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If you would like an appointment call Stan and Treva Voreyer at (406) 443-6074. You can call them weekends too.



Amega Wand



If you'd like an appointment call Treva and Stan Voreyer at 443-6074

Past Health Info emails can be found at my website.

Topics include:


Colloidal silver for all types of infections


Preventing kidney stones


Reversing Osteoporosis


Reversing cataracts


and much more...


This is a link to my page for Emerson Ecologics which carries over 12,000 different, professional grade supplements


What's your IAQ IQ? (From


IAQ is an acronym for "indoor air quality." And you can easily evaluate your IAQ IQ by answering these two questions:


1) Is indoor air more polluted than outdoor air?


2) Do air fresheners have any effect on indoor pollution?


If you answered yes to both questions, congratulations – your IAQ IQ is right up there with the best of them.


The Environmental Protection Agency reports that indoor air is often 2-5 times more polluted than outdoor air.


And according to Anne C. Steinemann, Ph.D. – an environmental engineering professor at the University of Washington – the contents of many air freshener brands may actually INCREASE indoor pollution.


Less than the very minimum


Dr. Steinemann became interested in air fresheners and other household products after hearing numerous reports from people who believed these items made them feel sick.


When she conducted a chemical analysis of three best- selling air fresheners and three laundry products, she says, "I was surprised by both the number and the potential toxicity of the chemicals that were found." To avoid legal issues, Dr. Steinemann didn't reveal any brand names of the products tested.




None of the product labels listed any of these VOCs. No surprise there because U.S. laws don't require manufacturers of household products to list contents.


Reacting to this study, one toxicologist told the Baltimore Sun: "At the very minimum, we should have a right to know what is in these products."


Gradual accumulation


So what's the real danger in getting an occasional whiff of laundry detergent, shampoo, or air freshener?


In the e-Alert "Something in the Air" (2/14/05), I told you about a UK study in which researchers monitored VOC levels for one year in 170 homes where mothers spent their days at home with children.



Researchers noted that the daily use of air fresheners and other aerosol products created a gradual accumulation of VOCs.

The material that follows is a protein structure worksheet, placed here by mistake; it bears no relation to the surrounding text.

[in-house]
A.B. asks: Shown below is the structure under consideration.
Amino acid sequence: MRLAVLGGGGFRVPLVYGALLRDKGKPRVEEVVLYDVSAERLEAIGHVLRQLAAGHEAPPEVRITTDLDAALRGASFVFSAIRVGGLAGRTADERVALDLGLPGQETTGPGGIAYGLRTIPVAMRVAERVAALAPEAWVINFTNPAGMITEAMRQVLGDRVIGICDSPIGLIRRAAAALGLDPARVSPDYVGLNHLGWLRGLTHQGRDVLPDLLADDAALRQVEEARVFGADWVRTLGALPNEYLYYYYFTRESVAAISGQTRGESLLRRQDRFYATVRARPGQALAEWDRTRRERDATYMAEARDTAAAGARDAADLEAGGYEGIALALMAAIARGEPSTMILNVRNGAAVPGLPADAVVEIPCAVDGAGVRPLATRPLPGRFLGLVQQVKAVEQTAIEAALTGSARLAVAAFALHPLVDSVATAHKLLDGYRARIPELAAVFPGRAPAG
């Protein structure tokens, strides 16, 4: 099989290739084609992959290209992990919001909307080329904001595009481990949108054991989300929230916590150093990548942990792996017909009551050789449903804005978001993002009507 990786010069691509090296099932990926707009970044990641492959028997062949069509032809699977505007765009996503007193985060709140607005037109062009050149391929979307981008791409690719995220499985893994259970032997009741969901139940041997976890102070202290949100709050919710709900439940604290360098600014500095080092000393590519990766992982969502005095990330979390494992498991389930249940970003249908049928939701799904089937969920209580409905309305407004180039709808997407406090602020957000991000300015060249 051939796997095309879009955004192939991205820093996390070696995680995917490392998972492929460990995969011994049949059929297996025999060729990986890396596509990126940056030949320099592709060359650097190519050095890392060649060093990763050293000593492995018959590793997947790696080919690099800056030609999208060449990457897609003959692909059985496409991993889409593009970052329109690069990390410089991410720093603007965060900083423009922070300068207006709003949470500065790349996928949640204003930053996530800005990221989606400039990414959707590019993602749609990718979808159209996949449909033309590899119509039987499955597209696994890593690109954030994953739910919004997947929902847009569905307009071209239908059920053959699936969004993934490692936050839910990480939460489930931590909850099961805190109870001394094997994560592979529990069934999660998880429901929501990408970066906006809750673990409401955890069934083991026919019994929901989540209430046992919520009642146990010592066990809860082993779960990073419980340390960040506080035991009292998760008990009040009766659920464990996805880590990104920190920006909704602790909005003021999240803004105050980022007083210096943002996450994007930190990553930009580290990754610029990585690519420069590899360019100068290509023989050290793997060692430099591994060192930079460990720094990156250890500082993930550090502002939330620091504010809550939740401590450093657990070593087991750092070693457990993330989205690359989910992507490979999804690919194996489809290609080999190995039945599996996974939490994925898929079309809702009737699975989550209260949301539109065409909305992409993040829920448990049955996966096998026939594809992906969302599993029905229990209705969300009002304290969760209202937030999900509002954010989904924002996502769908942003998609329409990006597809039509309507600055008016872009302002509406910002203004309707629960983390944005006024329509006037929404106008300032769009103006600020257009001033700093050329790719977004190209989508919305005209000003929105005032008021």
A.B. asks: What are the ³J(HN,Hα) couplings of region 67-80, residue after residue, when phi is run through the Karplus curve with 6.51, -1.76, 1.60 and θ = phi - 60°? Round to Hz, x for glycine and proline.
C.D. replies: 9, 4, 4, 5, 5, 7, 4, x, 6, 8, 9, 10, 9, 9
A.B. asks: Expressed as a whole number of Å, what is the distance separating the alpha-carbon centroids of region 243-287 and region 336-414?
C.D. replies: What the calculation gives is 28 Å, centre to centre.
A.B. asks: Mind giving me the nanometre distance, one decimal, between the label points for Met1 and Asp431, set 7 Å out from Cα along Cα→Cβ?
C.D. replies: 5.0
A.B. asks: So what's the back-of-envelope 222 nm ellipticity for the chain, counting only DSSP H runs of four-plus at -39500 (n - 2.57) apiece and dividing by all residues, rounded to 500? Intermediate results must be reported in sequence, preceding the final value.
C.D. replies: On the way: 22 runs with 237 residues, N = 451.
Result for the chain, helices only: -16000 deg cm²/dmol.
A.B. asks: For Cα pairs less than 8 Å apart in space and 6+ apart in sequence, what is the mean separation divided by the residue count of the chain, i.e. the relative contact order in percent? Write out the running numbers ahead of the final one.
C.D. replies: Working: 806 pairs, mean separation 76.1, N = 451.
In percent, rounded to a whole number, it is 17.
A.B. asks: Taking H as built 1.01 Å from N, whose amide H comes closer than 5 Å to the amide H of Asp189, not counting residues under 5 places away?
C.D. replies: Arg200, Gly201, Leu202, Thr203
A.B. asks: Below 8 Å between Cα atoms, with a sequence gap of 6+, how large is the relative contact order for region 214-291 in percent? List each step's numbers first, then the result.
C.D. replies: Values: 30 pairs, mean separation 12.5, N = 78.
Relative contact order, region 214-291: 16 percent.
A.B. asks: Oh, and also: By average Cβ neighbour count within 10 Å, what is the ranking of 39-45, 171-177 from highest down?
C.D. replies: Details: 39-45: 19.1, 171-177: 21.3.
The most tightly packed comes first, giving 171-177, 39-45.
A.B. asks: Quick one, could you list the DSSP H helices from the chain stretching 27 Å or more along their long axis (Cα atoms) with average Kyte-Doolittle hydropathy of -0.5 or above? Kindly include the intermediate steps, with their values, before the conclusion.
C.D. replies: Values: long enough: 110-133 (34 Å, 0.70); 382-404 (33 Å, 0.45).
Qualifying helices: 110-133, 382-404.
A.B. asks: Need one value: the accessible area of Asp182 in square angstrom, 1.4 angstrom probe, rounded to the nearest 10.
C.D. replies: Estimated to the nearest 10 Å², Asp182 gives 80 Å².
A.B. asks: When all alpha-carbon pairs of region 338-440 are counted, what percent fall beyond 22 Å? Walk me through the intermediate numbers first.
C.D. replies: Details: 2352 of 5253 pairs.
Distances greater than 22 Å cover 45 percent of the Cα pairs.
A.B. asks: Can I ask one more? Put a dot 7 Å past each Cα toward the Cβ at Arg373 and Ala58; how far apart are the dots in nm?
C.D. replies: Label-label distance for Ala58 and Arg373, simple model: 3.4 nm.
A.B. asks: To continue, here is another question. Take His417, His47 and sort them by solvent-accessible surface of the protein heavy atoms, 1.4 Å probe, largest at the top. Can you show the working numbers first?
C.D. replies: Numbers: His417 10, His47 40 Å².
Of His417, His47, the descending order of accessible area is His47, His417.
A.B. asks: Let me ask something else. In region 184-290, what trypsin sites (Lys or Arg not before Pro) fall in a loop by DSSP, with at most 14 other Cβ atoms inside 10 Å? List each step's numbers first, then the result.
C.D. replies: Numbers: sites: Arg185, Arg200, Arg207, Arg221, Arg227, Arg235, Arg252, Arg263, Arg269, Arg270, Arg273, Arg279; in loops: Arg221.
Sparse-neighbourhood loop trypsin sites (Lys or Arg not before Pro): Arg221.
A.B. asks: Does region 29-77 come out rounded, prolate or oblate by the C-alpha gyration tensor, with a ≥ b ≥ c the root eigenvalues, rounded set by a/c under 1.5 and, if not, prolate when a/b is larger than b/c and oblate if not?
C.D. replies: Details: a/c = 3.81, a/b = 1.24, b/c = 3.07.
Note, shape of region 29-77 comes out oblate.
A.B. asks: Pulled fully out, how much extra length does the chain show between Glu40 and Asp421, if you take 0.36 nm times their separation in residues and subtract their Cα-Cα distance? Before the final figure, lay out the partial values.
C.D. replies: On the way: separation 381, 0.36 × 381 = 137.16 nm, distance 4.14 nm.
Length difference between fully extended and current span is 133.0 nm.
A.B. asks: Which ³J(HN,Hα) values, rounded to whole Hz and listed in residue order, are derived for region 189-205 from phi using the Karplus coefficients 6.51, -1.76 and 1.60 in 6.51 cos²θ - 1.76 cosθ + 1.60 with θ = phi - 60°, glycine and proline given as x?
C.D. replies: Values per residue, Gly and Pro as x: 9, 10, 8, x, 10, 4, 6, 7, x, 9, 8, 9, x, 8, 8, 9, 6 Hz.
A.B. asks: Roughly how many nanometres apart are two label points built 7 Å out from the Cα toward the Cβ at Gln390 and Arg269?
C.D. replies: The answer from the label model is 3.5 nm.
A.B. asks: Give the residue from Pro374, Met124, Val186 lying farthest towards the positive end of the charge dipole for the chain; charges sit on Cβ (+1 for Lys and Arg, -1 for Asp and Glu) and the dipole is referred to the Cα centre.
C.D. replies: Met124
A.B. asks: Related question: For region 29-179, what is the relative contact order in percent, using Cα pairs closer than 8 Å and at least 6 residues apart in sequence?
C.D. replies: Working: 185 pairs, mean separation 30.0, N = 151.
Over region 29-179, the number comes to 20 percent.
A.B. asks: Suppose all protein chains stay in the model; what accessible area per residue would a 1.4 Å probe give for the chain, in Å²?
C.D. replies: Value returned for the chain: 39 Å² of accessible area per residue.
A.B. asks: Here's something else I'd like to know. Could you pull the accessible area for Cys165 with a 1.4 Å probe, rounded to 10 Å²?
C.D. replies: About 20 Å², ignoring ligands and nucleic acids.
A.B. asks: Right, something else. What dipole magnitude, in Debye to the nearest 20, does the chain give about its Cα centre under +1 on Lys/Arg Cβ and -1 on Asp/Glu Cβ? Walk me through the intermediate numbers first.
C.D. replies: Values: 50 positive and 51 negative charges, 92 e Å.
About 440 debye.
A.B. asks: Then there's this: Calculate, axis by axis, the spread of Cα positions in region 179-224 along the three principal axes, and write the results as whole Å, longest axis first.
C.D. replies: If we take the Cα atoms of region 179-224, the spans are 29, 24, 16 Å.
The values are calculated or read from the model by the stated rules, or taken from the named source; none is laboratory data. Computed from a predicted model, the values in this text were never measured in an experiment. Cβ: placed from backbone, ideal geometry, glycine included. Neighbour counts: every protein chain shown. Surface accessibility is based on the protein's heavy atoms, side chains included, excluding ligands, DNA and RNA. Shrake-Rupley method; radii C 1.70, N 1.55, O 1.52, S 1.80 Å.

Dr. Steinemann suggests that consumers avoid air fresheners and choose fragrance-free products. But beware – some manufacturers simply use a masking fragrance to neutralize the aroma of scented products.
If you want to freshen the indoor air I suggest using essential oils and diffuser available at Young Living Essential Oils

Folate reduces Colon Cancer risk in women

News of any little way to lower our cancer risk is always welcome.


News of how to lower it by two-thirds? Well, that's VERY welcome.


It turns out a certain vitamin—one long-time e-Tips readers already know can prevent damage caused by heart attacks and boost brain power.


Men, this vitamin is good for you, too, but you're definitely going to want to forward this to the women in your life.


Because a group of researchers at South Korea's National Cancer Center have found that eating a diet rich in folate can lower a woman's risk of colon cancer by a whopping two- thirds. The same effect wasn't seen in men.


The reason for folate's cancer-protective power? Well, it's one of the nutrients that's key in repairing DNA. Researchers think that a lack of folate makes genetic mutations. And that damaged DNA can go cancerous.


So how much folate do you need for this big cancer- preventing boost? Women getting at least 300 micrograms a day saw the best benefit—a 64% lower risk of colon cancer. Women consuming more than 270 micrograms a day slashed their risk in half.


Besides supplements, you can get your daily folate in veggies and fruits like spinach, green beans, peppers, and citrus fruits.